Southern Baptist Environment & Climate Initiative
On March 10, 2008, a group of Southern Baptists issued a pro-environmental stewardship statement called “A Southern Baptist Environment and Climate Initiative.” Spearheaded by seminarian Jonathan Merritt, son of former SBC president James Merritt, the group featured a number of prominent pastors and agency heads including then SBC president Frank Page and Danny Akin, president of Southeastern Baptist Theological Seminary. This Southern Baptist statement lamented the fact that the SBC’s previous engagement with environmental stewardship had been “too timid, failing to produce a unified voice.” The statement concluded, “Our cautious response to these issues in the face of mounting evidence may be seen by the world as uncaring, reckless and ill-informed. We can do better.”
Two years after this statement was released, I initiated contact with a number of the lesser-known early signatories to this stewardship statement. I was curious to learn how those pastors and their churches had addressed environmental issues. While many ignored my e-mail inquiry, the responses I did receive were interesting.
All of the pastors who responded affirmed that Christians have a responsibility to care for God’s creation. Several of the pastors who replied offered specific examples of their engagement with environmental issues. The pastor of a rural church detailed his efforts to preach conservation and preservation (habitat management). Another pastor wrote about his attempts to challenge anti-environment dispensationalist attitudes by emphasizing a more holistic view of salvation.
The majority of pastors that I surveyed, who publicly supported the Southern Baptist environment statement, acknowledged that they had done little to promote “Creation Care.” One pastor replied, “Yes, I did sign the SBC Declaration on the Environment…but that’s about the extent of my involvement.” A different pastor blamed his lack of attention to environmental stewardship on the “fanaticism” of environmentalists. Many noted that, as expository preachers, they cannot address our “God given responsibility” to be good stewards if the Bible does not explicitly mention this responsibility.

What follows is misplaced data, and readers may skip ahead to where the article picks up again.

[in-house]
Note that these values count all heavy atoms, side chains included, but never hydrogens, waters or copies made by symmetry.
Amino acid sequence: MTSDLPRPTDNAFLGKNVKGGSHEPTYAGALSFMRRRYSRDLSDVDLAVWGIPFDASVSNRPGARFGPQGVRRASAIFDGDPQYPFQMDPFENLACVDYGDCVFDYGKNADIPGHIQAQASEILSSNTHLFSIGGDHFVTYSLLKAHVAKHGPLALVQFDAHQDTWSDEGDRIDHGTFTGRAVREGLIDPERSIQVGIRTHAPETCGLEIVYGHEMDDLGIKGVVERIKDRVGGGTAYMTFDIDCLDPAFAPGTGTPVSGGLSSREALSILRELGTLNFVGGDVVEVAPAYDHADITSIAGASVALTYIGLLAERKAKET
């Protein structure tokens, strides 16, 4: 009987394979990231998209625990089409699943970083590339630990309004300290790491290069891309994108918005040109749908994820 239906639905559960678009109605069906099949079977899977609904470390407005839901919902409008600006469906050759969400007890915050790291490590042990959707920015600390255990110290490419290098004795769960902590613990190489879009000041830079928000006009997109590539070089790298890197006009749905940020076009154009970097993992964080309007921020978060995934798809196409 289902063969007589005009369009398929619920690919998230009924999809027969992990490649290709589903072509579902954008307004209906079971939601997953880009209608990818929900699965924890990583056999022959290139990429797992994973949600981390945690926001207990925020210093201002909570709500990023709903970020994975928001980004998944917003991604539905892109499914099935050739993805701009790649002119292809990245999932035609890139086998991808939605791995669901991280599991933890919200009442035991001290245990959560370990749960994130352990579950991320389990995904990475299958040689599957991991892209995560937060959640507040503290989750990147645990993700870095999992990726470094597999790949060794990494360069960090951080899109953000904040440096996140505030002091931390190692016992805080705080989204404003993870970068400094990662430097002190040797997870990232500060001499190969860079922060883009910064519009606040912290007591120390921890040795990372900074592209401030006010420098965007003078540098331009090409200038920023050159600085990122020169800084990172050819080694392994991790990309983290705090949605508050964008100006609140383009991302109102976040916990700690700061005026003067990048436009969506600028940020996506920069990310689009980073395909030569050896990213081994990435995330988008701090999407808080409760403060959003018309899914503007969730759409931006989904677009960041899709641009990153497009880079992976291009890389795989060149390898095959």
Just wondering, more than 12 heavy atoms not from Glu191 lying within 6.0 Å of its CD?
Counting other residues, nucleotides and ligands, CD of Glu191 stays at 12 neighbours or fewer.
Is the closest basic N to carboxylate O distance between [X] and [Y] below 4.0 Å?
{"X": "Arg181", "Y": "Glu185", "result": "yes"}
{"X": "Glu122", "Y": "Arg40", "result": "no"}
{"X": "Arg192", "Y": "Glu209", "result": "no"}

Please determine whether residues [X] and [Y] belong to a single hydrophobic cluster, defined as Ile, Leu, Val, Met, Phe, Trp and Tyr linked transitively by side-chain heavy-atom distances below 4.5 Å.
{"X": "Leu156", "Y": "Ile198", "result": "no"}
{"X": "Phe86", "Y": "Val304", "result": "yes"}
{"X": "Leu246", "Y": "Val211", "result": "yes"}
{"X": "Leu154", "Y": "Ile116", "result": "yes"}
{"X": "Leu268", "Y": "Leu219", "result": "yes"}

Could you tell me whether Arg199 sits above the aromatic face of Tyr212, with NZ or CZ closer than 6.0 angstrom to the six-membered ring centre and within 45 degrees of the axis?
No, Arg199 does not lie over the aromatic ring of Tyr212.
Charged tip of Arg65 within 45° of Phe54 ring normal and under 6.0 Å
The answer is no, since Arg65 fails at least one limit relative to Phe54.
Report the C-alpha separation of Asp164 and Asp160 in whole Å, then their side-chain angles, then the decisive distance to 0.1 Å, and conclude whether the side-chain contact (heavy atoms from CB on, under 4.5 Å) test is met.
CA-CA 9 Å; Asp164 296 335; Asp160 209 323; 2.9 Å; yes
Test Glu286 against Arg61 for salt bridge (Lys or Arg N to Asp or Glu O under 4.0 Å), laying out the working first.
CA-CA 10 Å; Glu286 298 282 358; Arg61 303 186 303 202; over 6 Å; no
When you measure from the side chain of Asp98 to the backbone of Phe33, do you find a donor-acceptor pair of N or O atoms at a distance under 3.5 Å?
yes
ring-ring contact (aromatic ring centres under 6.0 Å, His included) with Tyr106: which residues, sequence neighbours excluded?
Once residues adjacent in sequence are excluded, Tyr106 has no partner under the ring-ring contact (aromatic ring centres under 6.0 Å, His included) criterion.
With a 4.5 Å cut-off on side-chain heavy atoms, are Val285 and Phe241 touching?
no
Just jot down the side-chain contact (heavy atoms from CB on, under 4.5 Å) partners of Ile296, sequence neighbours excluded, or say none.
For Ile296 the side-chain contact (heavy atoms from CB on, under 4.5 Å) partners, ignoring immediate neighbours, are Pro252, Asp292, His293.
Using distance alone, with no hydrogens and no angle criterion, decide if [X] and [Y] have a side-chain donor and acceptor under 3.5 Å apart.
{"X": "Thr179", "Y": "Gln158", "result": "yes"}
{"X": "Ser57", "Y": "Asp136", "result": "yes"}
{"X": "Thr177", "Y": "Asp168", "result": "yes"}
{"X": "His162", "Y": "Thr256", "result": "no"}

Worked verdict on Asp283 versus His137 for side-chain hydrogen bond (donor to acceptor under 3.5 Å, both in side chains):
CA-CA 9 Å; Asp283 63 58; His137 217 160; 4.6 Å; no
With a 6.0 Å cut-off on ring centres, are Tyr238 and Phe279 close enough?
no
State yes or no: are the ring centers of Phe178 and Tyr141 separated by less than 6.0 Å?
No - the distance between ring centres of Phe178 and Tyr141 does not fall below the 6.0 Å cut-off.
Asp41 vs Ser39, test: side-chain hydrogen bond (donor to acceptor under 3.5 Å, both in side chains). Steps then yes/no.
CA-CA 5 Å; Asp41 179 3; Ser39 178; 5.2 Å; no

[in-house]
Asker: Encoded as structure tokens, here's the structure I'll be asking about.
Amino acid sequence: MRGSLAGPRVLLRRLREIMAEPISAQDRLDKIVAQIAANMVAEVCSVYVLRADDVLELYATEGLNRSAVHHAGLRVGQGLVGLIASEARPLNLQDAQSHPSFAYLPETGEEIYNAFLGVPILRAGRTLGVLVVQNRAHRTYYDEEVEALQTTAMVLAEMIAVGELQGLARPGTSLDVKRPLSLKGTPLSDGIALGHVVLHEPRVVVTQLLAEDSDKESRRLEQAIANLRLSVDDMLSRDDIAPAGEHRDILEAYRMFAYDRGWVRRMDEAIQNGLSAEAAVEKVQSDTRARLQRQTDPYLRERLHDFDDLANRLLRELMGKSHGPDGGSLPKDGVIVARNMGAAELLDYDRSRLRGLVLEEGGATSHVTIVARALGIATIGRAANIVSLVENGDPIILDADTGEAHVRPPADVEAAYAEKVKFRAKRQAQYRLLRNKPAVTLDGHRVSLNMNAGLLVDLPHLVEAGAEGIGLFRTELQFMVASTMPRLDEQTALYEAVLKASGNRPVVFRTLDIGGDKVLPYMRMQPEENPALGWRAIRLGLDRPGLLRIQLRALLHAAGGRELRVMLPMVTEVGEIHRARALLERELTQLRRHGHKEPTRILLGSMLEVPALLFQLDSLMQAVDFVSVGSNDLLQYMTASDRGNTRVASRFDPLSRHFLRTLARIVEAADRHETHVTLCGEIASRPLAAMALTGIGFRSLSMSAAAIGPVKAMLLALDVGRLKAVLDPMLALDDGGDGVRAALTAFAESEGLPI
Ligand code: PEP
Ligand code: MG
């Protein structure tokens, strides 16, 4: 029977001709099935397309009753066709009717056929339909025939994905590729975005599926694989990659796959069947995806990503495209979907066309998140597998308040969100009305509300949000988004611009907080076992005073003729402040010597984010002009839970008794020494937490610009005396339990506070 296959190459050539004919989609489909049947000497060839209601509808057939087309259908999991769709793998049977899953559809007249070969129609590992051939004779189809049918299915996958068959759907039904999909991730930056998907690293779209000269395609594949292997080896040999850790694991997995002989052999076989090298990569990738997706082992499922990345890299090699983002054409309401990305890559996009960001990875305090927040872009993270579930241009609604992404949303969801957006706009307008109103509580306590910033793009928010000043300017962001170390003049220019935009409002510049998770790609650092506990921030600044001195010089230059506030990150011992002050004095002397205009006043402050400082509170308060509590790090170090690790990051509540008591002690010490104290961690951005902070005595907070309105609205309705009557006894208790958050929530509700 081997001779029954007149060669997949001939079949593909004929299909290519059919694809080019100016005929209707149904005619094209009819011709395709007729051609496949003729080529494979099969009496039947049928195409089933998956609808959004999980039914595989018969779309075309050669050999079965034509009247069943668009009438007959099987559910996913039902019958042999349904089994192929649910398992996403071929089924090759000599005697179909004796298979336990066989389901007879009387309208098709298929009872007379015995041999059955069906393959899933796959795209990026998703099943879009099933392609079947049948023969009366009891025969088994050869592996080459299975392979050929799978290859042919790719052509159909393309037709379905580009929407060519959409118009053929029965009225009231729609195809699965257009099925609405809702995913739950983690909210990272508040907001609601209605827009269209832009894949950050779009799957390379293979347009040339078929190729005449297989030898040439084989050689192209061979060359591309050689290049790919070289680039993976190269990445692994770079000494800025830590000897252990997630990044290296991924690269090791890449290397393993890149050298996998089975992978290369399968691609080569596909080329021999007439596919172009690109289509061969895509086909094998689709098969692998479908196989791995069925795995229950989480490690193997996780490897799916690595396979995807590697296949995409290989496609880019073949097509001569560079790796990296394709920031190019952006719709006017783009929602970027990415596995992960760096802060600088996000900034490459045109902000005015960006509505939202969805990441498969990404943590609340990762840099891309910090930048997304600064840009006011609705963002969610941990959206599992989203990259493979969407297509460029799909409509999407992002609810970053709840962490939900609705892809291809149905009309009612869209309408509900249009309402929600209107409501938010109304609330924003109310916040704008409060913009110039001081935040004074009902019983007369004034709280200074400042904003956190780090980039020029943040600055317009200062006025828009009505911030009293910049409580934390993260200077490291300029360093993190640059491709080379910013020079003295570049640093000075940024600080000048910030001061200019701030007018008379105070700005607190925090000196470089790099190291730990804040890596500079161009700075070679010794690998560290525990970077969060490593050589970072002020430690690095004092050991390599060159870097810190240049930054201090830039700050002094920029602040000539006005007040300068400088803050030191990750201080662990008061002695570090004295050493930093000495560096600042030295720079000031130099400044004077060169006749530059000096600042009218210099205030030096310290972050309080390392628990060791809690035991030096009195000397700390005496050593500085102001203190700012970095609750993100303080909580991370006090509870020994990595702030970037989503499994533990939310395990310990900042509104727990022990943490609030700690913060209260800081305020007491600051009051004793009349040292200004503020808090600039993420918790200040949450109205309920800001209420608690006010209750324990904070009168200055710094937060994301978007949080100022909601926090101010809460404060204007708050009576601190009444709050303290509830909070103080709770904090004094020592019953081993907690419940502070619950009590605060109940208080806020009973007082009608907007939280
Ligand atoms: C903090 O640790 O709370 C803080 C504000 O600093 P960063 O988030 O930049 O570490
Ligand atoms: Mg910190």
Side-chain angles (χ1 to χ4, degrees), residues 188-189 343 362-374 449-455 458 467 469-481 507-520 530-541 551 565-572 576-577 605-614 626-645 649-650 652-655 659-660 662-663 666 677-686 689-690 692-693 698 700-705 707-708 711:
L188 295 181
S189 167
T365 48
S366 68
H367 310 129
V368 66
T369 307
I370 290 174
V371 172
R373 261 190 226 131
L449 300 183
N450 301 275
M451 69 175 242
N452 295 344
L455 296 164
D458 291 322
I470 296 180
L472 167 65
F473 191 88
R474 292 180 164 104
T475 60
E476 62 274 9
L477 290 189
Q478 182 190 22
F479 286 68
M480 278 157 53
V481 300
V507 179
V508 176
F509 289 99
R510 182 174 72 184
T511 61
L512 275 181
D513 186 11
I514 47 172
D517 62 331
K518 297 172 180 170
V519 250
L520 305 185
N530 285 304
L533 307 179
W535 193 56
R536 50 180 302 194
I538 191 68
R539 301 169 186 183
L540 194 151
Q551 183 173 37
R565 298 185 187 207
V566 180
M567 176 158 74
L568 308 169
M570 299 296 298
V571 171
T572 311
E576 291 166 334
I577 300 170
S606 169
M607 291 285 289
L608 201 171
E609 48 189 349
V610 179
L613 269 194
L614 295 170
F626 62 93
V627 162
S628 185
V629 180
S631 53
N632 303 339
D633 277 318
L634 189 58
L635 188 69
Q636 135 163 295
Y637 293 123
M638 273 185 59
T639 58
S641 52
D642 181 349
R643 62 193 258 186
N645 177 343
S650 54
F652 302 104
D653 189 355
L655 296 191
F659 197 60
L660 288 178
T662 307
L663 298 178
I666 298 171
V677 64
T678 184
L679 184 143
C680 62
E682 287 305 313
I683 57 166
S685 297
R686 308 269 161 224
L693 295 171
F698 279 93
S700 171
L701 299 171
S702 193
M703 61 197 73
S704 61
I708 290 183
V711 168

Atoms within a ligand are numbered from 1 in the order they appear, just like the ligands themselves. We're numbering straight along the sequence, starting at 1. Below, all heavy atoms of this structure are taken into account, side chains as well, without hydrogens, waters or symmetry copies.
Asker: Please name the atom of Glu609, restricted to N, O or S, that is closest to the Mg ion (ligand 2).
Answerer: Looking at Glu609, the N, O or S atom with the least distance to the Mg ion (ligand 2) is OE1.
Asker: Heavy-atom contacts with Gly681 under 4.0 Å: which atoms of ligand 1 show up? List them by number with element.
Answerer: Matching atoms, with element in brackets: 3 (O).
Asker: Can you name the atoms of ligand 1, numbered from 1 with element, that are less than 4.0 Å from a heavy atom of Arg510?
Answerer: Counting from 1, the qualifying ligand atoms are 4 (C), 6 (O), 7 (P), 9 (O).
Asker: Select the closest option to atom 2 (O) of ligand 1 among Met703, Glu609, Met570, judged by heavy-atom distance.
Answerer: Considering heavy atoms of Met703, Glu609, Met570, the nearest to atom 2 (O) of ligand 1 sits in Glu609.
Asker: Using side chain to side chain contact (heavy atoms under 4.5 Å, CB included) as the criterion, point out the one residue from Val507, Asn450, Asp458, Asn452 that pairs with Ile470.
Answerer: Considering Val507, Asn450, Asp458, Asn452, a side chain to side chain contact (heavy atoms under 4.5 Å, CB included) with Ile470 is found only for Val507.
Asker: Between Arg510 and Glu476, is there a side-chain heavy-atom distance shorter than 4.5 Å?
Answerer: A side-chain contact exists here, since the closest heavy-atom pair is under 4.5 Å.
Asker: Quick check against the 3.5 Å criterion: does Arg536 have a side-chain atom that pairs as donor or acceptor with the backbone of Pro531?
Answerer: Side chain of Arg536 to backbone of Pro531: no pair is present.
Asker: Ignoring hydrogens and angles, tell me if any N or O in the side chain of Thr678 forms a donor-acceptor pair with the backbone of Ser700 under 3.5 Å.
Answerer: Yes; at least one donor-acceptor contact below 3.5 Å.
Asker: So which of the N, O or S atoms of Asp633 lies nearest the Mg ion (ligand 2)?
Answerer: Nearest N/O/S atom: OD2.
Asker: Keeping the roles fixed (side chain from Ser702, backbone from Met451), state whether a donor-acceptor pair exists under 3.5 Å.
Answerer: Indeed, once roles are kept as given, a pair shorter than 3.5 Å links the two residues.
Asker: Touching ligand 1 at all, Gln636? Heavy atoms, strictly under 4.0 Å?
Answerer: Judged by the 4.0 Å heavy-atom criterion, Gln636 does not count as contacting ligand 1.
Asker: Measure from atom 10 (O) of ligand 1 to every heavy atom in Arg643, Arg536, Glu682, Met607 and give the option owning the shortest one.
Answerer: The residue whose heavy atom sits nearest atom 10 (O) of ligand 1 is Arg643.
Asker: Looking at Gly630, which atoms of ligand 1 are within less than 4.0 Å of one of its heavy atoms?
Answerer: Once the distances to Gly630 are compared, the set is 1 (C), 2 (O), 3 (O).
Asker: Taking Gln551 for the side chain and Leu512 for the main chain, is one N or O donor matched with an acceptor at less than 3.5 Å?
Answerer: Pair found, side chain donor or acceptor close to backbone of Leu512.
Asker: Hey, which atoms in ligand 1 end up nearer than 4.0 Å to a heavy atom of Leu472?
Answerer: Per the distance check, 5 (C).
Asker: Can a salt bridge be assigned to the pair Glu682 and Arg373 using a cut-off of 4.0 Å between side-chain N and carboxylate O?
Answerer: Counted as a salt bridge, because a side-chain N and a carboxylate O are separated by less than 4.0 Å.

Southern Baptists of Texas Convention
After contacting a few dozen supporters of the Southern Baptist Environment & Climate Initiative (SBECI), I decided to survey pastors of churches affiliated with the Southern Baptists of Texas Convention. I contacted approximately 150 pastors. The response rate was the lowest of all the groups I informally surveyed. While just over thirty pastors responded, their replies – often hostile or humorous (sometimes both) are worth noting.
The vast majority of pastors admitted that they had never addressed environmental stewardship from the pulpit. Stewardship of the earth was clearly not on any list of priorities or commitments. Some did express their commitment to stewardship and a handful offered up their congregation’s recycling program as one example of that commitment. These pastors were in the minority, however. One anti-recycling pastor explained that he “finds the environmental pushings of the media wrong, intrusive, and most of the time obnoxious.”
A different pastor wrote, “The consensus is among our people that while using up all of our earth’s resources and man-made pollution are problems, man-made global warming is foolishness.” Declaring global warming a hoax, the pastor offered that the “biggest danger…is thermo-nuclear war which 2 Peter and Matthew 24 and Revelation indicate will shortly destroy all life in the ocean, pollute all the rivers and streams, destroy all the trees, and kill 3.5 billion people, drastically raising the temperature of the earth while blotting out the sun.”
While my informal survey certainly does not claim to be scientific, I think these findings provide a helpful glimpse at the relationship of today’s Southern Baptists with the ethic of environmental stewardship. As the long-list of signatories to Jonathan Merritt’s SBECI declaration reveal, there are Southern Baptists who recognize that more needs to be done to fulfill the biblical responsibility to care for God’s creation. Yet, many of these pastors have not been able to make the words of the Southern Baptist statement meaningful through concrete action.
Unfortunately, the SBC does nothing to cultivate an applied stewardship ethic. As Christians across the nation are celebrating Earth Week or “Creation Week,” Baptist Press has published yet another op-ed from Calvin Beisiner, the leading evangelical anti-environmentalist. With friends like Beisner, it seems unlikely that the SBC will shed its “uneasy ecological conscience” anytime in the foreseeable future despite the passionate pleas of Jonathan Merritt and Dr. Russell Moore.
A future column will detail the my findings from surveying pastors of churches affiliated with the Cooperative Baptist Fellowship and the Alliance of Baptists.